Friday, March 20, 2015

Elementary school native speaking teacher makes students taste dish soap

According to a Yonhap report from late last night:
Private elementary school native-speaking teacher's corporal punishment of students: "Eat dish soap."

Controversy has arisen after it became known that a native-speaking teacher at a private elementary school in Seoul made students taste dishwashing detergent as a punishment during class.

According to authorities such as the Seoul Metropolitan Office of Education yesterday, on March 12 at a private elementary school in northern Seoul, 'A,' an English teacher from South Africa used corporal punishment on grade six students who broke the rule against using Korean in class.

'A' told the students to choose between tasting dishwashing detergent and bitter medicine as punishment, and some students chose the former, and some the latter.

Once parents found out about this, the school was inundated with complaints and the next day the school dismissed 'A'. On the 18th the school's homepage announced that the native speaking teacher had been changed and carried an apology by the principal.

An official from the Seoul Metropolitan Office of Education said, "Because a private elementary school takes it upon itself to hire a native speaking teacher, the responsibility for the teacher's management is also the school's." "If a problem arises, at the level of Office of Education Support, schools are being guided in order to strengthen the management of native speaking teachers and prevent a recurrence."
The story was actually broken as an exclusive early yesterday evening by KBS, who initially reported that the school was trying to keep things quiet and fired the teacher so as to put an end to the problem. They followed up with a TV news report which included the facts that the bitter tasting medicine was a medicine meant to prevent the biting of fingernails (?), and that there were five students who were punished; three chose the soap, and two chose the medicine. It also included a cartoon illustrating what happened:

Since problem English teachers are almost invariably depicted to be male teachers, one assumes the teacher was indeed female. We're also shown a shot of her apology letter.

It would be interesting to read the entire thing; one wonders what was going through the teacher's head. It was certainly a bad decision (taste dish soap or fingernail-biting-prevention medicine?). I imagine "washing kids mouths out with soap" (which I assume was the intended effect?) would meet a similar reaction in North America. Perhaps - this being near the beginning of a new school year - the teacher was new to Korea. Anyone who has taught grade 6 students can understand how unruly they can be, though usually really bad behaviour would start later in the semester once the students have gotten to know each other.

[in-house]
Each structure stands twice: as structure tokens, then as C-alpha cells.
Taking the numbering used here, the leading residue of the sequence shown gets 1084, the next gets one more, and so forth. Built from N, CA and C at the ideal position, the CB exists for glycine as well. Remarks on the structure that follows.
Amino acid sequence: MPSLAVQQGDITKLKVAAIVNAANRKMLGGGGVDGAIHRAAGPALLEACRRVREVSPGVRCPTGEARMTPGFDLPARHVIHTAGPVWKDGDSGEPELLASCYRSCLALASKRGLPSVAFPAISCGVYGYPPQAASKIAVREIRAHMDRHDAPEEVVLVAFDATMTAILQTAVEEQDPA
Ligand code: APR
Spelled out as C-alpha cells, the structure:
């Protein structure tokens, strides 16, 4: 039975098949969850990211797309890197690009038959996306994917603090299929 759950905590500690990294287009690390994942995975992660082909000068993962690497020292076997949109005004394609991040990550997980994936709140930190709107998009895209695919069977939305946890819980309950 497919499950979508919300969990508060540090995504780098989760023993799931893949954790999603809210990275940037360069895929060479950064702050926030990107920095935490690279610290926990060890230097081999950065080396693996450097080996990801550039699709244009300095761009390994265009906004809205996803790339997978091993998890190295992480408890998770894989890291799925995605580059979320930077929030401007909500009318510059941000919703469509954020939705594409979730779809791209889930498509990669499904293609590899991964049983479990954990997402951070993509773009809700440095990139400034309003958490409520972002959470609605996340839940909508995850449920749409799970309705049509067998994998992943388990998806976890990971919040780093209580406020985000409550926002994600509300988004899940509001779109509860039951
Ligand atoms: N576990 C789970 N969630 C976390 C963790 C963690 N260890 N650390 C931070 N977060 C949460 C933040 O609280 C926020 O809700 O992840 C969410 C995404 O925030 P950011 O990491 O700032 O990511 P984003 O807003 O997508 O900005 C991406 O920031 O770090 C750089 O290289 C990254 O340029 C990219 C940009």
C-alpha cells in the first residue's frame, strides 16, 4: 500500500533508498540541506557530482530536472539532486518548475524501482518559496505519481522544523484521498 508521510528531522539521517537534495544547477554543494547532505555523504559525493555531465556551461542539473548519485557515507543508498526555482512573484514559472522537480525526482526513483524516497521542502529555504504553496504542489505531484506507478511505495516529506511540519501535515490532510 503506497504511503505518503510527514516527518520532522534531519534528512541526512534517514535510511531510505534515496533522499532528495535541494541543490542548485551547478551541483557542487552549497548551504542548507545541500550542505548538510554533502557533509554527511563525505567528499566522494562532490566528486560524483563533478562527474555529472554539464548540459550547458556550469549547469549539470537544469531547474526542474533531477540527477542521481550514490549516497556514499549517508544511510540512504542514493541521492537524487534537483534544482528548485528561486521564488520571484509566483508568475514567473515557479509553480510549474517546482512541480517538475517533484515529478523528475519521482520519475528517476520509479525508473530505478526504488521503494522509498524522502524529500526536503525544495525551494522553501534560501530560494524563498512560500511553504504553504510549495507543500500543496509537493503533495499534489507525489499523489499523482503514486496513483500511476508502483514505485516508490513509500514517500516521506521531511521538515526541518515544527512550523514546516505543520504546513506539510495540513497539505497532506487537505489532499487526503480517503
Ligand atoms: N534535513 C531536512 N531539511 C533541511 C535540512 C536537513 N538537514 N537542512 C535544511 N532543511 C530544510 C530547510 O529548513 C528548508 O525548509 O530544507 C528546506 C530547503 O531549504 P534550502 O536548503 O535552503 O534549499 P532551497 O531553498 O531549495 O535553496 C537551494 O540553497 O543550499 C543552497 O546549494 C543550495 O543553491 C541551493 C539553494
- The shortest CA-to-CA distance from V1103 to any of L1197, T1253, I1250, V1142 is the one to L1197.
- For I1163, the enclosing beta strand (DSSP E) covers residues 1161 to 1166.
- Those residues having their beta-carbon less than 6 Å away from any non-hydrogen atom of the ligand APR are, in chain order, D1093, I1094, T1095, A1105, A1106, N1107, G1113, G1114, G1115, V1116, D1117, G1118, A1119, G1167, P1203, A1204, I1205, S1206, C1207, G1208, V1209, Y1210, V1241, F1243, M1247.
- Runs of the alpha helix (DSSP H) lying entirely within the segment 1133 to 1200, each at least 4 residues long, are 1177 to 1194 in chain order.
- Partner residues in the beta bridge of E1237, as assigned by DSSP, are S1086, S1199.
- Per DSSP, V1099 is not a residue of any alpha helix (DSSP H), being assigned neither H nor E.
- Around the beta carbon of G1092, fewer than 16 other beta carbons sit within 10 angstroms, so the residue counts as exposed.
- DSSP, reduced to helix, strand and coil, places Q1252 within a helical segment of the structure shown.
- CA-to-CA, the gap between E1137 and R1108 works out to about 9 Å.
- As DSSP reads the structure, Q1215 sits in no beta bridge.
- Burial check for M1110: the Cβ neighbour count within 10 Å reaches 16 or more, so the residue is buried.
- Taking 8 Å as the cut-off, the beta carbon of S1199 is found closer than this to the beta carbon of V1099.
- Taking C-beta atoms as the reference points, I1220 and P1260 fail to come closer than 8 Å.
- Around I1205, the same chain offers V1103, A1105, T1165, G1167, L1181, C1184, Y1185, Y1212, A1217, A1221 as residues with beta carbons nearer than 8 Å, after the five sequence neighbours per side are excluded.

As of last night, the two reports at KBS were the first and seventh-most viewed articles at KBS News' website.

As of noon today, the TV news report is the third-most-viewed news article and the most-viewed video at KBS, so the story is currently popular. KBS also followed up with a news article last night and a new TV news report this morning, so it's certainly running with the story - as are about two dozen other news outlets so far.

Update: The Chosun Ilbo posted an English language article about this titled "English Teacher Forced Students to Drink Detergent."


King Baeksu said...

I've worked with a few South African NETs here in Saudi Arabia. Not to generalize, but at least the ones I've encountered so far were quite humorless and rather stern disciplinarians. One student was kicked out of class and reported to the principal for muttering an Arabic swear word under his breath. Turns out he was speaking to himself as he was having problems with his computer, but it seems it was the teacher's vanity that was offended as he immediately assumed the student was referring to him.

I once had my mouth literally washed out with soap by our private school's headmaster in the sixth grade. It didn't work, as I still shit talk with the worst of them.

Paul Graham Kerry said...

"a TV news report which included the facts that the bitter tasting medicine was a medicine meant to prevent the biting of fingernails (?)"

It's stuff you paint on your nails. It tastes absolutely disgusting, so you get an unpleasant reminder when you stick your fingers in your mouth. Not a pharmaceutical, but I guess KFDA might call it a drug.